State Apartments (Dublin Castle)
The State Apartments in
Dublin Castle, Republic of Ireland, are an extensive suite of rooms formerly used by the Lord Lieutenant of Ireland for personal accommodation and public entertaining during the Castle Season (January to 17 March- St. Patrick's Day), and largely date from the era of British rule in Ireland. Visiting members of the British Royal Familyalso stayed there. Located in the southern range of buildings of the Upper Yard of the Castle, today these richly decorated rooms are used by the Irish Government for official engagements including policy launches, hosting of State Visit ceremonial, and the inauguration of the President every seven years. The principal rooms of the State Apartments include:
;Saint Patrick's HallThis is the grandest room of the State Apartments, and contains one of the most important decorative interiors in Ireland. Formerly the ballroom of the Lord Lieutenant's administration and the location of the installation of Knights of St. Patrick, today the room is used for presidential inaugurations. It is one of the oldest rooms in the castle, dating from the 1740s, though its decoration largely dates from c. 1790, including the most significant painted ceiling in Ireland executed by Vincenzo Valdre (c. 1742–1814). Comprised of three panels, the ceiling depicts the coronation of King
George III, Saint Patrick introducing Christianity to Ireland, and King Henry II receiving the submission of the Irish Chieftains.
;Throne RoomOriginally built as the Battleaxe Hall in the 1740s, it was converted for use as a Presence Chamber around 1790. The regal decoration dates from that time and from subsequent alterations in the 1830s. It contains a throne built for the visit of King
George IVto Ireland in 1821.
;State Drawing RoomFormerly the principal reception room of the Lord Lieutenant and his household dating from the 1830s, today the room is reserved solely for use during visits of foreign dignitaries. Largely destroyed by fire in 1941, the room was reconstructed with minor modification in 1964–1968 by the OPW, making use of salvaged and replicated furnishings and fittings. The volume of the destroyed 18th century Presence Chamber was absorbed into the room.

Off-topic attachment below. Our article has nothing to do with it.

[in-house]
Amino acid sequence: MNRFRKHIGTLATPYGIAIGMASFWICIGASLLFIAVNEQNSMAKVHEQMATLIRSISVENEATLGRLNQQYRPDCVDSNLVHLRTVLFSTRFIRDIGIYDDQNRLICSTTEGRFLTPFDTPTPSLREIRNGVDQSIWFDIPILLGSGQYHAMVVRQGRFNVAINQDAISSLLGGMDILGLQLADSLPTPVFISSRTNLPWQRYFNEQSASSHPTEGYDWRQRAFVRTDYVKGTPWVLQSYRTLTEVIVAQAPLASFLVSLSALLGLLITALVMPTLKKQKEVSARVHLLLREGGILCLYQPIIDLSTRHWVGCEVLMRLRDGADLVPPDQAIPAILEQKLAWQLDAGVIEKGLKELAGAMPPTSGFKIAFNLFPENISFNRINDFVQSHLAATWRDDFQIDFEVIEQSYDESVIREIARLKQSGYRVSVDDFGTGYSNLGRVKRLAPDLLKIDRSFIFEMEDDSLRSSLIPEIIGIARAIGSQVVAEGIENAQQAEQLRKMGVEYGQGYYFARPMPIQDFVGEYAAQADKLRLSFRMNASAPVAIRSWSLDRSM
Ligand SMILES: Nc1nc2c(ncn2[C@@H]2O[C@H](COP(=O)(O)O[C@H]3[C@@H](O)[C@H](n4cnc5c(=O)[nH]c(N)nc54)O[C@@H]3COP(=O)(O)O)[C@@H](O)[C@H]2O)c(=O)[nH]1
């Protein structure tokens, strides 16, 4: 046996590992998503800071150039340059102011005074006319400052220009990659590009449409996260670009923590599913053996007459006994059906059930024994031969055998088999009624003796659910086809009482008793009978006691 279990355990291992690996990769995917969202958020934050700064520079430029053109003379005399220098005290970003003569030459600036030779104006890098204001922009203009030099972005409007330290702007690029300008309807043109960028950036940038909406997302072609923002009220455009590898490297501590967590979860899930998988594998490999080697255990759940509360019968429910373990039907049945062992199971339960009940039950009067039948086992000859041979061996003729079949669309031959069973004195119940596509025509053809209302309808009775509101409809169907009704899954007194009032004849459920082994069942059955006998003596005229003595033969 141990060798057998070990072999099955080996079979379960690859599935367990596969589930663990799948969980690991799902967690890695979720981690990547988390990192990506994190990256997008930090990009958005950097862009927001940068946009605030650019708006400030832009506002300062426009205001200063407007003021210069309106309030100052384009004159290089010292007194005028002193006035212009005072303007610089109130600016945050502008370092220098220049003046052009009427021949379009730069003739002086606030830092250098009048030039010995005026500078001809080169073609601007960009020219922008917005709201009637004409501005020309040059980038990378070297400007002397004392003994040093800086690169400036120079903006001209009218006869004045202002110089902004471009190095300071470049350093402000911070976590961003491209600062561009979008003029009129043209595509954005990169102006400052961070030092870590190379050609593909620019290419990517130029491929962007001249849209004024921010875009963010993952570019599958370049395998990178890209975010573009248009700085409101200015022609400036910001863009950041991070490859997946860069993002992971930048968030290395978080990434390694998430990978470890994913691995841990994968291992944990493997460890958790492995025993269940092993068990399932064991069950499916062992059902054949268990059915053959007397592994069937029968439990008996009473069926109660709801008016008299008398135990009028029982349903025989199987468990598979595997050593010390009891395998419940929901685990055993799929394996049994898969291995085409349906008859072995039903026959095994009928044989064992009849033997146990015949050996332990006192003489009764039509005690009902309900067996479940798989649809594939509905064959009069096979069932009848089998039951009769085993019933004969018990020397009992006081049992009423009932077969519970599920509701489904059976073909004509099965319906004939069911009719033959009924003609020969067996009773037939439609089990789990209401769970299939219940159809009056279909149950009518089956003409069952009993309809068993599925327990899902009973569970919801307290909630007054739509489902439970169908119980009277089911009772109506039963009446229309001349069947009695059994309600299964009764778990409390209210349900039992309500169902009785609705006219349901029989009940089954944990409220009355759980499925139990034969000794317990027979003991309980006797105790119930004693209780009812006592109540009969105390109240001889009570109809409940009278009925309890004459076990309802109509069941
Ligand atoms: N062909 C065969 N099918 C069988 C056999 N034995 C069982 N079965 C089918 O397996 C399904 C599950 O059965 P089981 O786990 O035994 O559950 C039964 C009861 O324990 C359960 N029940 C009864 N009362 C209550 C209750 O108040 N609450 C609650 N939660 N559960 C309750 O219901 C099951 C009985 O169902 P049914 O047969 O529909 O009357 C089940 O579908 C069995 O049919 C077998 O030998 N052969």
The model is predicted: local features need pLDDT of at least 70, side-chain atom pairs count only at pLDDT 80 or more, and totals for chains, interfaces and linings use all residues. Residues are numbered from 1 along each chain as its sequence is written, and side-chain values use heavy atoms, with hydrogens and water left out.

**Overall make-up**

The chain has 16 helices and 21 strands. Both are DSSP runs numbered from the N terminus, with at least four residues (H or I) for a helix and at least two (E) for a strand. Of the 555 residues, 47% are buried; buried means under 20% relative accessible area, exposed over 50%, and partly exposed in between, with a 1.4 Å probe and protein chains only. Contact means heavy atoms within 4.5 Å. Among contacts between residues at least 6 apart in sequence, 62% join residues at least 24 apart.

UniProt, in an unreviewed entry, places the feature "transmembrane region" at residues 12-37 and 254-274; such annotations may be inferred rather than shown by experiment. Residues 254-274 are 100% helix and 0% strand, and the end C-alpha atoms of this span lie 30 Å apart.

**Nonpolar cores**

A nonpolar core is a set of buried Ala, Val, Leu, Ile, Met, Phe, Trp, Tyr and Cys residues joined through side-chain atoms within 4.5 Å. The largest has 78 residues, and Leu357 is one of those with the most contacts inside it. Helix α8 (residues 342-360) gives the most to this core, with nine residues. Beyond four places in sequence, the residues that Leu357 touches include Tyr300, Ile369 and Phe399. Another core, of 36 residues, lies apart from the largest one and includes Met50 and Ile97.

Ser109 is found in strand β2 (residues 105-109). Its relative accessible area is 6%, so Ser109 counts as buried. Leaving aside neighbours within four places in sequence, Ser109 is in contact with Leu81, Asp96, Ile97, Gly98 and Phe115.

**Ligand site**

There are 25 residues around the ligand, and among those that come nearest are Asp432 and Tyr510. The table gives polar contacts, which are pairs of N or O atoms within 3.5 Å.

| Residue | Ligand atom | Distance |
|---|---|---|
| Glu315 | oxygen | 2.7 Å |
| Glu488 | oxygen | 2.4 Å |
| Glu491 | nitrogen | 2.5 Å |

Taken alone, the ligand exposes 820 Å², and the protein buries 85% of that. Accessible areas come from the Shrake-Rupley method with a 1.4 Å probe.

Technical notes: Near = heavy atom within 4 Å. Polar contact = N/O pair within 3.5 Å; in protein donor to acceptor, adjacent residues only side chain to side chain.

;State Dining RoomAlso called the Picture Gallery, and formerly known as the Supper Room, this is the oldest room in the castle and largely retains its original decoration, having escaped major modification and fire over the years. It dates from Lord Chesterfield's building of the State Apartments in the 1740s, and was intended for use as a supper room adjoining St. Patrick's Hall and as a personal dining room. Today the room is still used for dining when conferences take place in St. Patrick's Hall. Portraits of Lord Lieutenants, mainly of the 19th century, line its walls.
;State BathroomSometimes referred to as the second Throne Room, the State Bathroom is used frequently by guests to the State Apartments. Originally a walk-in closet, it was renovated for the visit of King
George IVin 1821. A solid marble toilet with gold and ivory accents (such as an ivory handle) commands the far end of the room. A similarly adorned sink and soap cupboard takes up the remaining space.
;State BedroomsThese former private quarters of the Lord Lieutenant were built as five interconnecting rooms running along the back of the building, adjoining the spine corridor that separates them from the State Drawing Room. Completely rebuilt in the 1960s following fire in 1941, the rooms maintain the original courtly sequence and today are used as ancillary drawing and meeting rooms to the principal apartments. The last dignitary to stay in the royal bedrooms was
Margaret Thatcher, who spent a night there with her husband Dennis during one of the European Councilmeetings held in the 1980s.
;State CorridorThe most architectural space of the State Apartments, this expressive, deeply modelled corridor was originally built c. 1758 to the designs of the Surveyor General, Thomas Eyre. Based on the early 18th century corridor of
Edward Lovett Pearcein the former Parliament House on College Green, it features a marching procession of vaults and arches which were originally top-lit. However an office storey was built over the skylights following complete reconstruction of the corridor in the 1960s resulting from differential settlement with the reconstruction of the adjoining Drawing Room. The corridor features exact plaster casts of the original arch detailing, and the original doorcases and fireplaces salvaged prior to rebuilding.
The State Apartments, as with Dublin Castle as a whole, are maintained by the
Office of Public Works. The wider Castle complex houses, among other bodies and operations, a major conference centre, offices of the Revenue Commissioners, elements of the Office of Public Works, The National Forum on Europe, and some functions of the Garda Siochana
Famous people who stayed in the State Apartments
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